PHNOM PENH (Reuters) – His party is reeling from its worst-ever election result. His political opponents have grown bold and vocal. His people are protesting on the streets. So why is Cambodian Prime Minister Hun Sen smiling?
The long-ruling autocrat emerged beaming from lengthy closed-door meetings this week with his old political foe, Sam Rainsy, who says Hun Sen’s Cambodian People’s Party (CPP) cheated its way to a narrow victory in a July 28 general election.
YANGON (Reuters) – Every evening, long after Yangon’s office workers have squeezed onto packed buses for grueling commutes to the suburbs, a single room remains lit up on the top floor of City Hall.
Inside sits Toe Aung, a former army major who almost by accident bears one of the biggest responsibilities in reform-era Myanmar: planning Yangon’s unstoppable transformation from a regional backwater into Southeast Asia’s next megacity.
By Andrew R.C. Marshall
(Reuters) – Attempts to bring stability to Myanmar’s strategic northwest Rakhine State could be unraveling after police opened fire on Rohingya Muslims for the third time in two months, reviving tensions in a region beset by religious violence last year.
Villages outside the state capital Sittwe remain volatile after a dispute over custody of a dead Rohingya quickly escalated into a day of clashes on Friday in which police raked Rohingya crowds with gunfire, according to witnesses.
NAUNG CHEIN, Myanmar (Reuters) – A year ago, Wun Naung Lay left his village in northern Myanmar to look for work and found heroin instead. Today, the skeletal 25-year-old is locked up and going cold turkey beneath a filthy blanket in a bamboo cell.
Wun Naung Lay is one of more than 600 young men who have undergone primitive drug rehabilitation at the Youth for Christ Centre, a collection of tin-roofed shacks on a riverbank in Kachin State.
YANGON (Reuters) – The Buddhist extremist movement in Myanmar, known as 969, portrays itself as a grassroots creed.
Its chief proponent, a monk named Wirathu, was once jailed by the former military junta for anti-Muslim violence and once called himself the “Burmese bin Laden.”
NAYPYITAW, Myanmar (Reuters) – Myanmar’s Immigration Minister has expressed support for a controversial two-child limit on a Muslim minority group that opposition leader Aung San Suu Kyi and the United Nations call discriminatory and a violation of human rights.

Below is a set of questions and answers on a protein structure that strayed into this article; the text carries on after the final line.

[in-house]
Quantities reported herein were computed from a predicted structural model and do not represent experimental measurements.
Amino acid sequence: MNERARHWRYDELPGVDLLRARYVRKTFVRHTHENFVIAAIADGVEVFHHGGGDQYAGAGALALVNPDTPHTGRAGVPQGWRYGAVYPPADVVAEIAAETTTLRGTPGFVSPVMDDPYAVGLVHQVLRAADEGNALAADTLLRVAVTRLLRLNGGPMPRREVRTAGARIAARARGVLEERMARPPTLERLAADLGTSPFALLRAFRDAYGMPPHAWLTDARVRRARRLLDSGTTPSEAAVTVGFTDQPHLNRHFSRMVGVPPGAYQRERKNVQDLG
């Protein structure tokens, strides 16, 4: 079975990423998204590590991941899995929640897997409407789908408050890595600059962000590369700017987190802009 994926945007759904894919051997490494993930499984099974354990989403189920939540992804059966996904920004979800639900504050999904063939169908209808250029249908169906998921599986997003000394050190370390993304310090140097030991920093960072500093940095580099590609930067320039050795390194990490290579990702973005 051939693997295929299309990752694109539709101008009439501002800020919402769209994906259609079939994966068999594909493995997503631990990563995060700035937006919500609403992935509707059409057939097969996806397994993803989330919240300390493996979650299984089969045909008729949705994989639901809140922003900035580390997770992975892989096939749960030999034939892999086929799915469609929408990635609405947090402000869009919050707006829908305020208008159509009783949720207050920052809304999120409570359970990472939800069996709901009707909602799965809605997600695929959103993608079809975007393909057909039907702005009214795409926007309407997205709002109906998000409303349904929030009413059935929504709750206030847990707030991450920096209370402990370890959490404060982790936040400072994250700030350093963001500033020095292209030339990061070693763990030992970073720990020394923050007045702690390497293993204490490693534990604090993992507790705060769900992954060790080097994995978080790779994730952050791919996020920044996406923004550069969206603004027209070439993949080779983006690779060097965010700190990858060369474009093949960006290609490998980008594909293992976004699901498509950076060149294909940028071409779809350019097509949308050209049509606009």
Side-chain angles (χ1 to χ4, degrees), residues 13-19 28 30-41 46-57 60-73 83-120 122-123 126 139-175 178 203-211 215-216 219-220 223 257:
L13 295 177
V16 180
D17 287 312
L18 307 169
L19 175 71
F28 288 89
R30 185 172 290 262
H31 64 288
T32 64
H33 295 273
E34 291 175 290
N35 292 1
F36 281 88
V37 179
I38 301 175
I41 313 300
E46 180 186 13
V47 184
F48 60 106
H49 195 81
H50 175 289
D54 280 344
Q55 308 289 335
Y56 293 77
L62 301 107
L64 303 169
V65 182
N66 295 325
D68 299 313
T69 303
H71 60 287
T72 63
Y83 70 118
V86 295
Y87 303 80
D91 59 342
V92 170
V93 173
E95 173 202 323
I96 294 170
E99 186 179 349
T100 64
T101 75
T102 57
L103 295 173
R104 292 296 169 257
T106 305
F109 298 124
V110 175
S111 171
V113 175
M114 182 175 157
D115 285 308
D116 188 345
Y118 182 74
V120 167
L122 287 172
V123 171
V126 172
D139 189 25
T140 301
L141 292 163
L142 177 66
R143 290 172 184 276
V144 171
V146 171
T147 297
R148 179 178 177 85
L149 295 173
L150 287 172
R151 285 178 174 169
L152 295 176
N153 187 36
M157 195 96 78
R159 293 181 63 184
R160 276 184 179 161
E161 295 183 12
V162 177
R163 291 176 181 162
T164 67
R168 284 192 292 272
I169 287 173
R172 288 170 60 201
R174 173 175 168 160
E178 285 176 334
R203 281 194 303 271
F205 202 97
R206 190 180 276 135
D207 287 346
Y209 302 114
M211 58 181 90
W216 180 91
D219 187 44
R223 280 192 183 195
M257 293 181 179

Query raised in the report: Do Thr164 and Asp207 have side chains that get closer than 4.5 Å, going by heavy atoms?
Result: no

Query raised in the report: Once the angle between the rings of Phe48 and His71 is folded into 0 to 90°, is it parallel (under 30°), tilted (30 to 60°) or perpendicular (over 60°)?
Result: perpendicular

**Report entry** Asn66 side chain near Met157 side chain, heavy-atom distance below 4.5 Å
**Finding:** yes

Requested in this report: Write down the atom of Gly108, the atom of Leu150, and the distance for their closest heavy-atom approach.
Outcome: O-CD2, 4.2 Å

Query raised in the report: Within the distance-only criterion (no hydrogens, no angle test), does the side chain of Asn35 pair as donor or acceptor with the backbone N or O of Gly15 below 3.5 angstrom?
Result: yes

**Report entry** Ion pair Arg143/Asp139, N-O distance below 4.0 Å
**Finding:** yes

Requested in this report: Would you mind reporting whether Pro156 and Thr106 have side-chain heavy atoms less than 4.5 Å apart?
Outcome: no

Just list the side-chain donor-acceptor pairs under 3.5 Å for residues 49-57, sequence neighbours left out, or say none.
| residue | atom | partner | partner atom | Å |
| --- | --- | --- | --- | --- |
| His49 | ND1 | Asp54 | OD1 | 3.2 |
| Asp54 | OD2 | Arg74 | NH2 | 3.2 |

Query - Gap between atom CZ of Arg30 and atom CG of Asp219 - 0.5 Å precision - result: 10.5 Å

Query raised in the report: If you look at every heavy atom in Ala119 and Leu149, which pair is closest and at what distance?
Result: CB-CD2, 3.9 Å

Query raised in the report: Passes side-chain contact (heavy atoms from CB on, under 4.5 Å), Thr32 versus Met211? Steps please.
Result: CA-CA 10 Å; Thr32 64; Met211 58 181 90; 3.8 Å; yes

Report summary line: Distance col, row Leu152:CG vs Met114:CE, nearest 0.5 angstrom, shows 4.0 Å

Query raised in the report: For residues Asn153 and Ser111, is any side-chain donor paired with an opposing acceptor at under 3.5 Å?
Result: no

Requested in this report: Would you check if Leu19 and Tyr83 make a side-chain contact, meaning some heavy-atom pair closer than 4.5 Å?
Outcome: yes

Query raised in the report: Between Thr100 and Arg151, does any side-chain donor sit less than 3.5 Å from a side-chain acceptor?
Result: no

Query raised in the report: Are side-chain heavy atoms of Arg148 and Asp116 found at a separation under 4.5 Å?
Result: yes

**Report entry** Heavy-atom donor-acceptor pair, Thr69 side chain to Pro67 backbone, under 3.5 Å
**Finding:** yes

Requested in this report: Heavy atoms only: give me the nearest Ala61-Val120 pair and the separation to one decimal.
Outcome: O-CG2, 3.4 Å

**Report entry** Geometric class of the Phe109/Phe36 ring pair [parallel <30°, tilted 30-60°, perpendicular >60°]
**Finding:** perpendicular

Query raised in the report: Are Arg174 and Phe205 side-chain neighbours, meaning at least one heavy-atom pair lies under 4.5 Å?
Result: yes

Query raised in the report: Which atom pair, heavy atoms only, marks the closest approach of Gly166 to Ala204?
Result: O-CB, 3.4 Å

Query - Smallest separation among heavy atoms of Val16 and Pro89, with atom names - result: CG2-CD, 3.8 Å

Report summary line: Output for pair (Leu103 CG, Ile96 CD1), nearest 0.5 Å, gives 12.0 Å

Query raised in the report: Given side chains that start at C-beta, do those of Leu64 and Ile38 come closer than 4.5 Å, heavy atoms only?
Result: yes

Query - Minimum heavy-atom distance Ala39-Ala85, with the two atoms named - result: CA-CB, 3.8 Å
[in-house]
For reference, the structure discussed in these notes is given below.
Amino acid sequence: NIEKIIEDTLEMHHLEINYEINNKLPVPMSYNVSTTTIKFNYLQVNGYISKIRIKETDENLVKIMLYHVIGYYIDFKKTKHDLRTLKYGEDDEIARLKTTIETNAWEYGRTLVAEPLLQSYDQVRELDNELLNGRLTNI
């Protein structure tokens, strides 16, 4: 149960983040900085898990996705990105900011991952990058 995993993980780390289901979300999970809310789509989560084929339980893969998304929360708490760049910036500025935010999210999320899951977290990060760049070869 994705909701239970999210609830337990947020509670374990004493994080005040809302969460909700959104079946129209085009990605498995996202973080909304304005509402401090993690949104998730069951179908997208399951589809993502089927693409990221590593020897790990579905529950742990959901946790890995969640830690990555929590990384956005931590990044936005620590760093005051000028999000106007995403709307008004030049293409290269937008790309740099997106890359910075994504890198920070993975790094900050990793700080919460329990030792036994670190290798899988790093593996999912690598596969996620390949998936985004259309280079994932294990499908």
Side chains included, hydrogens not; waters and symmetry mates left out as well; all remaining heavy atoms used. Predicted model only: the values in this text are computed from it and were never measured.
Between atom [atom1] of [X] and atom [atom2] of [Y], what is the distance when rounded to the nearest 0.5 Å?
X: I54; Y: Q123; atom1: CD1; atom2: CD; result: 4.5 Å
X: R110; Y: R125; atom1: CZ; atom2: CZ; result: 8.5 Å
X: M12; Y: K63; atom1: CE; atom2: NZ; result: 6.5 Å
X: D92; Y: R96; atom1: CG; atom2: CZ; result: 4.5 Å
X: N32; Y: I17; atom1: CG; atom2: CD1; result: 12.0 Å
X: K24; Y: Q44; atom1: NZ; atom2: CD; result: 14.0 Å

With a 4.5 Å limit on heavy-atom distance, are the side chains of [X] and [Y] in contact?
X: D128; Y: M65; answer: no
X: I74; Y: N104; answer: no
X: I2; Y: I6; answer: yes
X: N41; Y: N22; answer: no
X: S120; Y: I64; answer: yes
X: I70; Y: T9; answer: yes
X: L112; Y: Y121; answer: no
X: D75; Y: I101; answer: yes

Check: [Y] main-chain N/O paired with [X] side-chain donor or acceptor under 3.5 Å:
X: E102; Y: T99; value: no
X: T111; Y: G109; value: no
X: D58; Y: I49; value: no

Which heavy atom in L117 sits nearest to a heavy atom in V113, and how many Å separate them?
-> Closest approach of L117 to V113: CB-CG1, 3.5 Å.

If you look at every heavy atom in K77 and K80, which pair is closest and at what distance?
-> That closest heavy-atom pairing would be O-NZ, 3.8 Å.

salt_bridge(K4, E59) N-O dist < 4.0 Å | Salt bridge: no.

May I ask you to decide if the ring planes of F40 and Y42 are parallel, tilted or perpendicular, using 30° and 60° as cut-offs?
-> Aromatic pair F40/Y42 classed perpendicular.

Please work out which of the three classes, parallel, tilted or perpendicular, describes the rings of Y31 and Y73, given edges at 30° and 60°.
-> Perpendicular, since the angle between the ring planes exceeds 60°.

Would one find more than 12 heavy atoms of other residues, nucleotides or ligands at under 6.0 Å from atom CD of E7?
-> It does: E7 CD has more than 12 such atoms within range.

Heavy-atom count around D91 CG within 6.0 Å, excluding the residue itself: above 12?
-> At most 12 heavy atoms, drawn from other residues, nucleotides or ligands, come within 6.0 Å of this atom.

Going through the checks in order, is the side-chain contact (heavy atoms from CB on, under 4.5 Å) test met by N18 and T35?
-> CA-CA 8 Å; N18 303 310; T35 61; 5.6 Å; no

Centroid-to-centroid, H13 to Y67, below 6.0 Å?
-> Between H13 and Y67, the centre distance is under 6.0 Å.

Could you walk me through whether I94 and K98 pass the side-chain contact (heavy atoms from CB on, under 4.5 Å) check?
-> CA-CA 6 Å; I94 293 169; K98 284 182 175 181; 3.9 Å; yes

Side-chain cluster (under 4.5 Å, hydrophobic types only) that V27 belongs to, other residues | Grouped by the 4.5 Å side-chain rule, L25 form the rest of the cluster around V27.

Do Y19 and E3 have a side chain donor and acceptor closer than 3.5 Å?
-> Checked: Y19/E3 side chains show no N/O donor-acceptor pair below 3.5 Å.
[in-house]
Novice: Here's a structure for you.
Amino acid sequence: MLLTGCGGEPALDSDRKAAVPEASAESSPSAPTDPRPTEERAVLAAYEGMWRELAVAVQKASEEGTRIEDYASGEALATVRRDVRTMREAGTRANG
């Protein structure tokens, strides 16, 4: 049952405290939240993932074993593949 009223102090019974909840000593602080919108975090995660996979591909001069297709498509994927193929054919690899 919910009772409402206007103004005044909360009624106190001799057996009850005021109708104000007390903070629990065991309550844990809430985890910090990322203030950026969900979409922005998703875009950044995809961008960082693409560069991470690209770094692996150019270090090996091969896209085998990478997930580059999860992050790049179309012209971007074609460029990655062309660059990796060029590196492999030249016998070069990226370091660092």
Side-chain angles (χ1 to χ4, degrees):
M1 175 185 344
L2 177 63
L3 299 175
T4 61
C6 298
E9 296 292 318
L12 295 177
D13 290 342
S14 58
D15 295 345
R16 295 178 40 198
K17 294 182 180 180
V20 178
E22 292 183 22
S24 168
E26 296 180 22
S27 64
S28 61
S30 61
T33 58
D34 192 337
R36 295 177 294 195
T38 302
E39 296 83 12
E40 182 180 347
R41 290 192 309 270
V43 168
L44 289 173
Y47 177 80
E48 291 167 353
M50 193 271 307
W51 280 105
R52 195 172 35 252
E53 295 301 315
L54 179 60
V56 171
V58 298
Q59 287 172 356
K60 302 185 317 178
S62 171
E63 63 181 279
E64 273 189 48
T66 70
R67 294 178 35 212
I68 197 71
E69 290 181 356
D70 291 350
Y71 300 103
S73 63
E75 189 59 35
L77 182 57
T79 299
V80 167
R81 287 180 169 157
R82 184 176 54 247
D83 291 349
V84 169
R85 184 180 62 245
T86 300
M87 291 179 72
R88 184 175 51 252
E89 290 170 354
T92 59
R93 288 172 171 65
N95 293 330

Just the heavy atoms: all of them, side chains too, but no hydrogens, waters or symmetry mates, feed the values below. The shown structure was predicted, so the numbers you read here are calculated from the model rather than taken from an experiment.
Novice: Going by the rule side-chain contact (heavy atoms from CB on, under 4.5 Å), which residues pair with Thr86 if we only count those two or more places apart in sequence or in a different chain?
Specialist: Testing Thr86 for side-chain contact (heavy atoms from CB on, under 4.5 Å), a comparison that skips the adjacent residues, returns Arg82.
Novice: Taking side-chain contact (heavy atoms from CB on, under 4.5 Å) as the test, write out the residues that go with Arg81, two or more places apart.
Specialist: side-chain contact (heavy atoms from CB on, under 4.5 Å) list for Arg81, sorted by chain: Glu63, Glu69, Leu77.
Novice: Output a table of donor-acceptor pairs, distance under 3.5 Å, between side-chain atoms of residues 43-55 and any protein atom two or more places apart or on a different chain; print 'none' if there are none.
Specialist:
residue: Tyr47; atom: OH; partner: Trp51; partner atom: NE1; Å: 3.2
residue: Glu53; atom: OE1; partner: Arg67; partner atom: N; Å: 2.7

Khin Yi, Minister of Immigration and Population, is the most senior official to publicly support the recently announced enforcement by local authorities of a two-child policy in northwestern Rakhine State for Rohingya Muslims, a stateless minority termed “Bengalis” by the Myanmar government.
JAKARTA (Reuters) – Joko “Jokowi” Widodo, the governor of Jakarta, might well be the future of Indonesian democracy. Here’s why.
On a recent afternoon he visited Tambora, a densely populated area of west Jakarta, to inspect the aftermath of a slum fire. Within minutes, the narrow streets were a moshpit of jostling well-wishers. Women embraced him. Men kissed his hand. School children chanted “Long live Jokowi!”
DUKU, Thailand (Reuters) – Rusnee Maeloh slept through the 30-minute gunfight that killed her husband, but her neighbors in the notoriously violent Bacho district of southern Thailand heard distant explosions and feared the worst.
Mahrosu Jantarawadee, 31, was Rusnee’s childhood sweetheart, the father of their two children, and part of a secretive Islamic insurgency fighting a brutal nine-year war with the Thai government that has killed more than 5,300 people.
ROVIENG, Cambodia (Reuters) – The remote district of Rovieng was once a battleground between Cambodian government troops and Pol Pot’s genocidal Khmer Rouge. Unexploded bombs still lurk in its fields and forests.
So does something more desirable – iron ore – and supposedly in such huge quantities two Chinese companies have an $11-billion plan to extract it.
Ever heard of Tun Aung? I hadn’t until researching my recent Reuters special report on Myanmar’s year of reforms. Human rights activists claim his plight is proof that the country’s reformist government, like the military junta it replaced, is relying on repressive laws and secretive trials to silence perceived enemies.
Tun Aung, a practicing medical doctor and Islamic leader, was arrested in June 2012 after clashes between Buddhists and Muslims in Rakhine State killed at least 80 people. He was accused of inciting unrest in the town of Maungdaw, although Amnesty International said credible eyewitness reports suggested that Tun Aung “actively tried to defuse the violence.”